Toronto, ON, November 18, 2021 – Today, the Toronto Region Board of Trade in collaboration with Deloitte released Next Stop: Building Universal Transit Access, its third transportation report in a four-part series. The report makes recommendations to address the challenges cities face in addressing the “first and last mile” while enabling anywhere-to-anywhere + anytime travel.
“As the fastest-growing urban region in North America, innovative and seamless public transit solutions remain integral to the Toronto region’s economic success,” said Jan De Silva, President and CEO of the Toronto Region Board of Trade.
The Board’s research estimates that congestion and gridlock cost the Toronto region’s economy $6 billion every single year in lost productivity – a figure that is expected to balloon to $15 billion by 2031. Congestion also makes it more difficult for workers to get to their jobs, disrupts supply chains, and slows down essential business deliveries.
“The bottom line is that we must continue striving to build transportation systems across the Toronto region to ensure we are not only catching up with our global competitors but also accommodating the influx of 100,000 new residents that arrive every year,” said De Silva.
Next Stop puts forward numerous recommendations to strengthen public transit in the Toronto region – chief among them: a clear region-wide 10-minute frequency service standard to enable “turn-up-and-go” travel on all major routes.
The report urges cities across the region to explore new approaches to expanding mobility. This includes using on-demand transit that is supported by technology, especially where high-frequency service is not possible.
A second key recommendation is to prioritize small infrastructure improvements across the region. These improvements include boosting transit integration across agencies and between modes, strengthening fare, schedule and service coordination so that transfers are seamless, and a comprehensive plan to identify and prioritize infrastructure improvements by rider-minute saved.
Other recommendations include improving innovation and rolling out new transportation modes. For example, transit agencies must take advantage of new technologies that enable more effective planning and better integration with other modes. Specific solutions include data sharing with other transit providers and the integration between public and private operators like micro transit, bike share, and ride-sharing programs (Uber and Lyft).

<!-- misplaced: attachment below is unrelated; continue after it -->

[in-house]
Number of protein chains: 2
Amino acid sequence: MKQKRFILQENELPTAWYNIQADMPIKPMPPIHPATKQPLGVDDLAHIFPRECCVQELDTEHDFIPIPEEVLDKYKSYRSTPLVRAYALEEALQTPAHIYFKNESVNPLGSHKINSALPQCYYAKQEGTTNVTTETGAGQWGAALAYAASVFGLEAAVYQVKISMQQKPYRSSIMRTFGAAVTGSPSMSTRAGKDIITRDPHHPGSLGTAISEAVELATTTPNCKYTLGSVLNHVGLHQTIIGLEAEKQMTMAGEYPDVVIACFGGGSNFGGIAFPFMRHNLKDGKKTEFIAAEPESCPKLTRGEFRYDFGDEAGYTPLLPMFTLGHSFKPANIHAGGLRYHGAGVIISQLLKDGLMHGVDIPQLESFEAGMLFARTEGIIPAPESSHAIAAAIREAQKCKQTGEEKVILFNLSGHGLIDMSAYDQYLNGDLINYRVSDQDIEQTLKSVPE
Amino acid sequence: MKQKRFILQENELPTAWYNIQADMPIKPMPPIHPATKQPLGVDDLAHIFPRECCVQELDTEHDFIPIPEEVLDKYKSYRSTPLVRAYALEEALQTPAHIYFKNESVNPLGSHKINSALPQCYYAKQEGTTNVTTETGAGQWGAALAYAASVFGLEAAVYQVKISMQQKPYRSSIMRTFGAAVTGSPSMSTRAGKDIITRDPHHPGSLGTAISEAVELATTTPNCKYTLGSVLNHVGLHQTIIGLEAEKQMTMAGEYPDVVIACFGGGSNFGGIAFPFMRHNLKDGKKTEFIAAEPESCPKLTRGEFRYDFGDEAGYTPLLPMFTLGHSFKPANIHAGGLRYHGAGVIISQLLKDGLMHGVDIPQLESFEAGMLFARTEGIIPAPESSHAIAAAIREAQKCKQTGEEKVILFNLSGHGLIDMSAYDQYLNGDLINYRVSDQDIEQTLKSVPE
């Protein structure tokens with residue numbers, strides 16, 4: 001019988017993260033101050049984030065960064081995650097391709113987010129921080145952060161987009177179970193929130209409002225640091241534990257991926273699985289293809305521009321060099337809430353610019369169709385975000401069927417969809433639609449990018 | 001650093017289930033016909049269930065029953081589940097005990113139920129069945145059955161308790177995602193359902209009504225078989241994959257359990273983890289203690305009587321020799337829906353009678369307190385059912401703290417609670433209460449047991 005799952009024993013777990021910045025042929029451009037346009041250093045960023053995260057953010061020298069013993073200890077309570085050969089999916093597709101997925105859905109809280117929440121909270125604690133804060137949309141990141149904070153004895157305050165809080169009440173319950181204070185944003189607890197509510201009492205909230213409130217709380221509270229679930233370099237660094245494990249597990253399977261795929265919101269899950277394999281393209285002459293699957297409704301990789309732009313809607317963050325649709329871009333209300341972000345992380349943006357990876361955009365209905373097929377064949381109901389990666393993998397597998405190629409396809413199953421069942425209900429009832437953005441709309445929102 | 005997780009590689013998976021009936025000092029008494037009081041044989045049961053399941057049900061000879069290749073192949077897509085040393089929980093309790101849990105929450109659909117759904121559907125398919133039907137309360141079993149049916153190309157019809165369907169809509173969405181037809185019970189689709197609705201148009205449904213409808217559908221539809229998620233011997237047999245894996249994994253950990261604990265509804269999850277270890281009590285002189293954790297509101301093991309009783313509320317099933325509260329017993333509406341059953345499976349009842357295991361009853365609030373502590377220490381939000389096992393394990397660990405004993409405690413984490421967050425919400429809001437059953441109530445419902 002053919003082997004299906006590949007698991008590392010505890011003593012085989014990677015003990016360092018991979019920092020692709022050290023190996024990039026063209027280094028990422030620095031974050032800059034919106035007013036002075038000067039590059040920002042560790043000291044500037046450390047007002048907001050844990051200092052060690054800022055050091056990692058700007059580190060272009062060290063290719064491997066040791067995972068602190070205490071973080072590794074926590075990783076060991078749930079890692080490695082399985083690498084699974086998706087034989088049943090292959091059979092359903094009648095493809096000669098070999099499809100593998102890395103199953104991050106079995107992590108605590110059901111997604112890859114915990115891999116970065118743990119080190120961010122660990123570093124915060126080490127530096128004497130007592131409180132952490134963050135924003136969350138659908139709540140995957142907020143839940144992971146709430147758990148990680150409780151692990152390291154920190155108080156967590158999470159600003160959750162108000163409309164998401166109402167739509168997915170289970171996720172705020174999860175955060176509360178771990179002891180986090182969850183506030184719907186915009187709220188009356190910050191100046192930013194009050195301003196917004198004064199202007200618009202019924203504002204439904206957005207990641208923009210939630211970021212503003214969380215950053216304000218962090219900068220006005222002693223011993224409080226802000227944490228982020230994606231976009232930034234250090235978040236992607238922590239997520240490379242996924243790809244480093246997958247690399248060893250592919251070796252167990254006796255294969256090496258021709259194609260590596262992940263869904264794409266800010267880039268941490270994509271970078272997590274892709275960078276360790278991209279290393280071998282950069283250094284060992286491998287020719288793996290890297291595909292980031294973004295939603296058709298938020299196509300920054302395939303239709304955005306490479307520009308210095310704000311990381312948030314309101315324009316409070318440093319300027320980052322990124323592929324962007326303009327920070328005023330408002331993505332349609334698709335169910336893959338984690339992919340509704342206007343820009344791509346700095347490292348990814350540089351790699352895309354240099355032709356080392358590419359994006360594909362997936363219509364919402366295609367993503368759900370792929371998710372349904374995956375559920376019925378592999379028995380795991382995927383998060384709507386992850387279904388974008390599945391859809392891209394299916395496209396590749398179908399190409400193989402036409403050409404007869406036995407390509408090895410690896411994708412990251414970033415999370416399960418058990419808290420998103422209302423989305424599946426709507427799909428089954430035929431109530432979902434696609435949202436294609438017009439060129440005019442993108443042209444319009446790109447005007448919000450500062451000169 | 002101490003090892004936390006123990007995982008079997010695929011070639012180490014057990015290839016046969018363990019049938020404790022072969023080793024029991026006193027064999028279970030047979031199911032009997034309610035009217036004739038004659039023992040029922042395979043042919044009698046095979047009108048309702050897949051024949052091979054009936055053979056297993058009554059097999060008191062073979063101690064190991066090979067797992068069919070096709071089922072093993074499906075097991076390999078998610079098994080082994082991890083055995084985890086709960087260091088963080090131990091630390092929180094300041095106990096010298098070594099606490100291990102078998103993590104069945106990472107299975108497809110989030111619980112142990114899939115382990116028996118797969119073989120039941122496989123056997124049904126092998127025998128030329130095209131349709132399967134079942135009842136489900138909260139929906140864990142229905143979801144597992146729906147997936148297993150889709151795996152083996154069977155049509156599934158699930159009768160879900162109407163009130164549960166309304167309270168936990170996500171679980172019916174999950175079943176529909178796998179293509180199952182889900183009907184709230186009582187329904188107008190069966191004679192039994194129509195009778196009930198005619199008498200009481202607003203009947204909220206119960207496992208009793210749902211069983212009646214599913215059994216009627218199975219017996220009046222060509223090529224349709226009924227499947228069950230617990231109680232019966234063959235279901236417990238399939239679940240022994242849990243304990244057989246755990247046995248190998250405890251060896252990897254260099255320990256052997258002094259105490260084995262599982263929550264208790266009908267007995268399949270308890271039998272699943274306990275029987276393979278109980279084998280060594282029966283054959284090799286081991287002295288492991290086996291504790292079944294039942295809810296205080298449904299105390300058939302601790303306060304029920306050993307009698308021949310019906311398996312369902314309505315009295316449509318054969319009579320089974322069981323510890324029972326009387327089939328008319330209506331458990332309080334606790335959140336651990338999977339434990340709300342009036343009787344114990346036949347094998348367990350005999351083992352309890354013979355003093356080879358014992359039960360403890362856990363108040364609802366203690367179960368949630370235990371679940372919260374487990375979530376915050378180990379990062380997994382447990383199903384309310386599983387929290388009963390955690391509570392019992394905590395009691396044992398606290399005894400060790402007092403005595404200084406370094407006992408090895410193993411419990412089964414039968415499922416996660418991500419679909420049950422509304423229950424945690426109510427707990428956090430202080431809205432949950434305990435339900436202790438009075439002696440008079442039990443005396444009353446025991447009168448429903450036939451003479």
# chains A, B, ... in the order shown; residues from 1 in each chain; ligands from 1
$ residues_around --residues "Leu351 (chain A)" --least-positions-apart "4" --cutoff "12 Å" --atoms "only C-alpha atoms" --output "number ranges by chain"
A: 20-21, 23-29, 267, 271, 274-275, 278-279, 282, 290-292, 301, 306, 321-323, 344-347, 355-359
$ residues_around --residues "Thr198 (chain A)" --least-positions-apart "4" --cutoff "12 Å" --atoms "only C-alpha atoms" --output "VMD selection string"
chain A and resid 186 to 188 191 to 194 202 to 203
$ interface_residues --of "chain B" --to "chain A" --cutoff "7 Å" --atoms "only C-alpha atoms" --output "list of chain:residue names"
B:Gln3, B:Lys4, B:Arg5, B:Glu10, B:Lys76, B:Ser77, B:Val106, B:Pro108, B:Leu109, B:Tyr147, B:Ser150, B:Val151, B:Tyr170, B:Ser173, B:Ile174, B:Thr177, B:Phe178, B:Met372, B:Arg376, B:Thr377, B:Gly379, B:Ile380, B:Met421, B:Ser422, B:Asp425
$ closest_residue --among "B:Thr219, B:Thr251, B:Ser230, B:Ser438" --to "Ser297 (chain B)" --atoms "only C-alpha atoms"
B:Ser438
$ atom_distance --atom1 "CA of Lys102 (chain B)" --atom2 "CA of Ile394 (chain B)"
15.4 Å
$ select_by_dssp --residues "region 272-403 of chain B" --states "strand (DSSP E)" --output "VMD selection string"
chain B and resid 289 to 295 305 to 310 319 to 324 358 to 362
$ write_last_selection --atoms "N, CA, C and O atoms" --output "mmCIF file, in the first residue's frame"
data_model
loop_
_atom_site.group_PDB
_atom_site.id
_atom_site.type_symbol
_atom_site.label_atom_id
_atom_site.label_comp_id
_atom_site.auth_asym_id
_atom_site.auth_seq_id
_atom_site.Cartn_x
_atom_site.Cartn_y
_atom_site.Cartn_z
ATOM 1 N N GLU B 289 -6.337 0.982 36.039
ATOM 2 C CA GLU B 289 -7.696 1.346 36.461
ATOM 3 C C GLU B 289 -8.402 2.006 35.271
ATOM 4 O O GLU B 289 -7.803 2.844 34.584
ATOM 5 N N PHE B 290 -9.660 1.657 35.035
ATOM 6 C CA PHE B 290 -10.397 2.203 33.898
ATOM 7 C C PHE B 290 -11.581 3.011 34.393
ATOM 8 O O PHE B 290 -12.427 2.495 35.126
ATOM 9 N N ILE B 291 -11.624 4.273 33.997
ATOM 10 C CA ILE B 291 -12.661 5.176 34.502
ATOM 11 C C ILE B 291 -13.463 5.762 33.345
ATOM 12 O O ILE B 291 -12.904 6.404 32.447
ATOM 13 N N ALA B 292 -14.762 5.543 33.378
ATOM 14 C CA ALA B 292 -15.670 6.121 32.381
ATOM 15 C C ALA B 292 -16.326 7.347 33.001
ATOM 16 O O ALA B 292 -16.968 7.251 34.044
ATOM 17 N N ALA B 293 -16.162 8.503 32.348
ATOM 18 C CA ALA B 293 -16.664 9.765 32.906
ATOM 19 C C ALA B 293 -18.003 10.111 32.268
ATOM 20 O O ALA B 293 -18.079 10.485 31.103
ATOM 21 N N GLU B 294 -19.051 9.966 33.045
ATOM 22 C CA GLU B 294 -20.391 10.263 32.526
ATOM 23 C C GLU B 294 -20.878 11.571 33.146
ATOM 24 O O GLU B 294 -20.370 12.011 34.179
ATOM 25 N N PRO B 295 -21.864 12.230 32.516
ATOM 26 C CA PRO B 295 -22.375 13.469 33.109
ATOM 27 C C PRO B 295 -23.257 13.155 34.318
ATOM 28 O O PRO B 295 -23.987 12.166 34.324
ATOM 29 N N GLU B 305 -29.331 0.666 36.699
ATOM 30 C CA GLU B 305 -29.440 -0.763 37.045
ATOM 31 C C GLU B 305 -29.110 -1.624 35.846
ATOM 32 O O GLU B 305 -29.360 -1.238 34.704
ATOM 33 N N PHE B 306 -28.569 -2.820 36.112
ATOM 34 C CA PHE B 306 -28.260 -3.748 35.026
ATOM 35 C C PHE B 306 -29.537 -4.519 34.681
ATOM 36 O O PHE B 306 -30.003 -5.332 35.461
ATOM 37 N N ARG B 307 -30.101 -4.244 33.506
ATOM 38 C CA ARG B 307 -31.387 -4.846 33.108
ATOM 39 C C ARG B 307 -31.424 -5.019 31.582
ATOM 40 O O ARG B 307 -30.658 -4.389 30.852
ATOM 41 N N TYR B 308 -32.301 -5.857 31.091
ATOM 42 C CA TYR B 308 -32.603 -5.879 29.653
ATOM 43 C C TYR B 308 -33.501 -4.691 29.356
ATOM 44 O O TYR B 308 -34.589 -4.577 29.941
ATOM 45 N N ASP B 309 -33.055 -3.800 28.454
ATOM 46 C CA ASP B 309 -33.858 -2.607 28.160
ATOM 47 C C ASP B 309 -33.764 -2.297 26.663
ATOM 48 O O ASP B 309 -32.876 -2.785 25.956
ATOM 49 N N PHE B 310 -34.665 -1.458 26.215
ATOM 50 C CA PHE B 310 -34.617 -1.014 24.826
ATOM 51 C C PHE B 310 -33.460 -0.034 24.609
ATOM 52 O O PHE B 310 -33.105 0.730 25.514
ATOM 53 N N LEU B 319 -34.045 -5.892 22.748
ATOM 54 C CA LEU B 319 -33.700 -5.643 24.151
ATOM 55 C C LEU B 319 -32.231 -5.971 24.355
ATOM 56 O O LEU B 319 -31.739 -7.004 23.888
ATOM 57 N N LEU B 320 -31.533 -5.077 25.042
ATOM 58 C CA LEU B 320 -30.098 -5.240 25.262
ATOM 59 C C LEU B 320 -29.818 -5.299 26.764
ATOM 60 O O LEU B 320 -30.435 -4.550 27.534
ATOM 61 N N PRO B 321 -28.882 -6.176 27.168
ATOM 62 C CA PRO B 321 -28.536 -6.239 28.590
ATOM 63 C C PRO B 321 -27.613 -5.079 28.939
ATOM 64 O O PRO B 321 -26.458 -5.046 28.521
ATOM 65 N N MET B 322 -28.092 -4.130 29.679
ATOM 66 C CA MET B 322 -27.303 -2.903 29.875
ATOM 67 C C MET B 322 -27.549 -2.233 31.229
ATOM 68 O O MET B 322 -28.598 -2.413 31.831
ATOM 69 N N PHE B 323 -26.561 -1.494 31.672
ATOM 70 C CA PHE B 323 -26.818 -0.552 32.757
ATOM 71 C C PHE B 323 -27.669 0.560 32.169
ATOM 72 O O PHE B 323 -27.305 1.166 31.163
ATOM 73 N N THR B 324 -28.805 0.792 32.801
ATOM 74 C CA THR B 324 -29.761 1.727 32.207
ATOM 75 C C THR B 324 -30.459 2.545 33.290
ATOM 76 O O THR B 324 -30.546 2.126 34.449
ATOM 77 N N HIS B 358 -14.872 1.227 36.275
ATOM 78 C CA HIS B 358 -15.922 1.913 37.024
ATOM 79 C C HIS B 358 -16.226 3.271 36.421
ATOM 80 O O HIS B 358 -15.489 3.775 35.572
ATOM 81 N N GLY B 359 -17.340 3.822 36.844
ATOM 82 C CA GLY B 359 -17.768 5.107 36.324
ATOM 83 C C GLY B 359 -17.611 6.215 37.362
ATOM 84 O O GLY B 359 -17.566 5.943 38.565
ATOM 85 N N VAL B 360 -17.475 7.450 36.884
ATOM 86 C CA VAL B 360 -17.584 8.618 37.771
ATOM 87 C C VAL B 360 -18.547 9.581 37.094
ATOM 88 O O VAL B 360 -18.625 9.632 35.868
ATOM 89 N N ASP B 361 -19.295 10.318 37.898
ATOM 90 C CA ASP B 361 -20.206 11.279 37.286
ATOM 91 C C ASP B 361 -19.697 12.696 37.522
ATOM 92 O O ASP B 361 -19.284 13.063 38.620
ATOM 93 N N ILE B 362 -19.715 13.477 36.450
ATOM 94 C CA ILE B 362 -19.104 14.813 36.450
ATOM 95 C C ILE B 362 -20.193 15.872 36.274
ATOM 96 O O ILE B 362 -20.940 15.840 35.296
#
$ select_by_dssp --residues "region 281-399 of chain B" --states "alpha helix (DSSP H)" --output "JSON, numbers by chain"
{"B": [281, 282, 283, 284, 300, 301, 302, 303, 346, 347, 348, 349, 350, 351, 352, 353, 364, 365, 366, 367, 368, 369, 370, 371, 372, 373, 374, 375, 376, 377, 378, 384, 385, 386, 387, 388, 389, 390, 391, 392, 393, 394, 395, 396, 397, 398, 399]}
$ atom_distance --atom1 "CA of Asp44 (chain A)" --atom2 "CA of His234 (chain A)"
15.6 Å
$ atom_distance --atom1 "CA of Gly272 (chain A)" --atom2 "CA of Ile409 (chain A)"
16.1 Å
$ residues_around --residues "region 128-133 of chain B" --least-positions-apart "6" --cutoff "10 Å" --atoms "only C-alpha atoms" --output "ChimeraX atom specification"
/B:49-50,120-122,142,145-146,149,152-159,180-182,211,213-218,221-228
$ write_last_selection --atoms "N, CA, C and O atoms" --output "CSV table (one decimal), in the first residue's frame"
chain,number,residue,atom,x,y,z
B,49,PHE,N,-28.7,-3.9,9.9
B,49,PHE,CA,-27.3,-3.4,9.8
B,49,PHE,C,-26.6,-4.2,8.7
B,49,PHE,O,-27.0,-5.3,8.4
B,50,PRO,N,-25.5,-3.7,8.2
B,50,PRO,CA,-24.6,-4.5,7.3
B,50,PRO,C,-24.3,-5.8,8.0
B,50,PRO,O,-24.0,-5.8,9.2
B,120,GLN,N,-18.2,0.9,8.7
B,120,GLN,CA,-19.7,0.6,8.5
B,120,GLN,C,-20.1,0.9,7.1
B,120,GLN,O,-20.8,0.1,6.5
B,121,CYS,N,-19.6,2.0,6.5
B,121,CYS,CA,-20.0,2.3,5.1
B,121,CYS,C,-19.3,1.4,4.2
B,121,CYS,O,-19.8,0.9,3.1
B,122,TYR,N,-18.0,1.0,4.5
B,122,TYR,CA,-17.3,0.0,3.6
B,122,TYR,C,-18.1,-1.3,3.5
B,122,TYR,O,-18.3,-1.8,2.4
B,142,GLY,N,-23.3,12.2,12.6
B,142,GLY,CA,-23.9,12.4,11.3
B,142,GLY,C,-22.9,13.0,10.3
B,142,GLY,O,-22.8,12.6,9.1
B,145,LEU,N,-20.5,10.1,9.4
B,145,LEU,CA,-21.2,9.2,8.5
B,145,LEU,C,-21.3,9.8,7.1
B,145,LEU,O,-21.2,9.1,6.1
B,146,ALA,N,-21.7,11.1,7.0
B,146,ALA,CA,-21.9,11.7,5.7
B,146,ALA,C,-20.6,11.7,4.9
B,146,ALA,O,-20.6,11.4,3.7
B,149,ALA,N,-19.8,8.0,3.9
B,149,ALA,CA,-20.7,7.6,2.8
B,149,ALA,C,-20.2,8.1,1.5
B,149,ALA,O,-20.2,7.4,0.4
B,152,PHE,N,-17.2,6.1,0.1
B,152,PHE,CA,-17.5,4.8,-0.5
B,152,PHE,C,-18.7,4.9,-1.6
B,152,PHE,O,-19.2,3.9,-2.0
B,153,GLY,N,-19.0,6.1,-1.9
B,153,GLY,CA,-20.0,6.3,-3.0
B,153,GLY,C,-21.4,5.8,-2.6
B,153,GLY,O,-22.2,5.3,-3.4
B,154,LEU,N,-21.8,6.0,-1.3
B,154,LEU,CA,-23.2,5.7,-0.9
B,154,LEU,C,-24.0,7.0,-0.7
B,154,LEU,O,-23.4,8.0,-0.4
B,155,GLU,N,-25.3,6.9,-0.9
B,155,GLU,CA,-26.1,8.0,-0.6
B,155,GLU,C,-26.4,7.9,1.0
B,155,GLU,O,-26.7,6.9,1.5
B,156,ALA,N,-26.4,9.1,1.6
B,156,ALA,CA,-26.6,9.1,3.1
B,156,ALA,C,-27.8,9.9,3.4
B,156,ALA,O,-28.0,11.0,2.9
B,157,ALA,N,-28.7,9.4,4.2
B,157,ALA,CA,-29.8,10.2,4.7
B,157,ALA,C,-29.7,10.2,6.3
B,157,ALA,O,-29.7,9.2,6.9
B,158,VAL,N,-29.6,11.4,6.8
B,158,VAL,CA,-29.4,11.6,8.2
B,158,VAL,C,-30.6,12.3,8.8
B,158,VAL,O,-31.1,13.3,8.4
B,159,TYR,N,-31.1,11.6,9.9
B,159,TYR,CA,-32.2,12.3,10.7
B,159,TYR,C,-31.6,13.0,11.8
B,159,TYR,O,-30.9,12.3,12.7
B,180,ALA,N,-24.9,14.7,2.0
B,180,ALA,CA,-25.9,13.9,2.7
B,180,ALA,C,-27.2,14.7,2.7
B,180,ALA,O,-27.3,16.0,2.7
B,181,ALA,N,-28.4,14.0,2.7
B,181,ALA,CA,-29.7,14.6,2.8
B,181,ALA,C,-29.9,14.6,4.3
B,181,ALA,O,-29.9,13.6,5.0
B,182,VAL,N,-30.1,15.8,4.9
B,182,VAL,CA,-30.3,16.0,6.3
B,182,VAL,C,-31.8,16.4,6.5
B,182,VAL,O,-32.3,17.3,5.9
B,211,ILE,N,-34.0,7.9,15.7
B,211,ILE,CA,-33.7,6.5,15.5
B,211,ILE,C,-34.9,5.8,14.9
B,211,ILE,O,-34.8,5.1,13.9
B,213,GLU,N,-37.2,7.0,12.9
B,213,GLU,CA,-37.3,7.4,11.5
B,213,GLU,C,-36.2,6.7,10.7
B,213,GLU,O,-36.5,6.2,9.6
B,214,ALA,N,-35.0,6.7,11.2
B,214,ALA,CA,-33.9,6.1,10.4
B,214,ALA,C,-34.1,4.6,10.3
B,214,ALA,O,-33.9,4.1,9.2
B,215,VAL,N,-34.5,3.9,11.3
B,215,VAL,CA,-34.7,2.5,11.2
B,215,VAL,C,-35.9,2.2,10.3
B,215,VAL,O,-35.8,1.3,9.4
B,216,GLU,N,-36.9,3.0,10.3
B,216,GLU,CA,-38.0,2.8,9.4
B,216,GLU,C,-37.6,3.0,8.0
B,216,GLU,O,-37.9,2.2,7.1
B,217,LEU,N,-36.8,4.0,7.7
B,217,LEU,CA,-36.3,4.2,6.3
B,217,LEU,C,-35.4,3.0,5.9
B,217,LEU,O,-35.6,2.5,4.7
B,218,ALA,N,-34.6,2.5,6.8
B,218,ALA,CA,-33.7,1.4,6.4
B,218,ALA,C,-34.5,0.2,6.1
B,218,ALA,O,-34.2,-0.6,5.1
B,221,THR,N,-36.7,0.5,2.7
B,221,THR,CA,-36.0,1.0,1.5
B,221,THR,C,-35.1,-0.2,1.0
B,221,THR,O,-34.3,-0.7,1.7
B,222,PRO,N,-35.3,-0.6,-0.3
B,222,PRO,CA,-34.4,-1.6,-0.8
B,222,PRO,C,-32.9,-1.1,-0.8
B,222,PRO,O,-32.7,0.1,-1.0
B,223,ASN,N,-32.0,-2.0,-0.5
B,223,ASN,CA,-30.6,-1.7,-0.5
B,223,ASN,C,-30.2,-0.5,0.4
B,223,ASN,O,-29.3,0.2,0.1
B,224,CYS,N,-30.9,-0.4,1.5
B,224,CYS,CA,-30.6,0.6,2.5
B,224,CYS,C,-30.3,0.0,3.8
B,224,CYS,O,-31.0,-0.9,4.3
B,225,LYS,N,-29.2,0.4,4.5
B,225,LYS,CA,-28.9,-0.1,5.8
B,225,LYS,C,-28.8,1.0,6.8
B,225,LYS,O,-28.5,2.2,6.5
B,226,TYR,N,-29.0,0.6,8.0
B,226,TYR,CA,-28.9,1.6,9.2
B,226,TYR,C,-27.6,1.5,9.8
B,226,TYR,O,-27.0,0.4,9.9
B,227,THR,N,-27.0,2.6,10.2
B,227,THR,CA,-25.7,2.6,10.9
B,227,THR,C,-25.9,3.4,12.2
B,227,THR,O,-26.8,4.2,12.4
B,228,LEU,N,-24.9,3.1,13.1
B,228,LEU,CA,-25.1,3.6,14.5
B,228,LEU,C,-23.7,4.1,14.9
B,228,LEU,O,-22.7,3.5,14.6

“A fast and efficient regional transit system is effectively useless if it doesn’t get you from your home to where you want to go,” said Jonathan English, PhD, Director of Policy (Transportation) at the Toronto Region Board of Trade.
The report also singles out the City of Brampton: a city that experienced a 160 per cent spike in transit ridership over a 10-year period from 2009-2019 due to the expansion of its service levels leading to frequent all-day bus routes on major roads.
“Leaders across the Toronto region must look to public transit success stories like that of Brampton: a city that recently benefitted from the largest increase in transit ridership of any municipality in North America,” noted English.
“There is no reason why that sort of achievement cannot be replicated in other municipalities through major investments and smart policy,” he said.
About Toronto Region Board of Trade
The Toronto Region Board of Trade is one of the largest and most influential business chambers in North America and is a catalyst for the region’s economic agenda. We pursue policy change to drive the growth and competitiveness of the Toronto region and facilitate market opportunities with programs, partnerships and connections to help our members succeed – domestically and internationally.
Andrew Perez, Media Relations Manager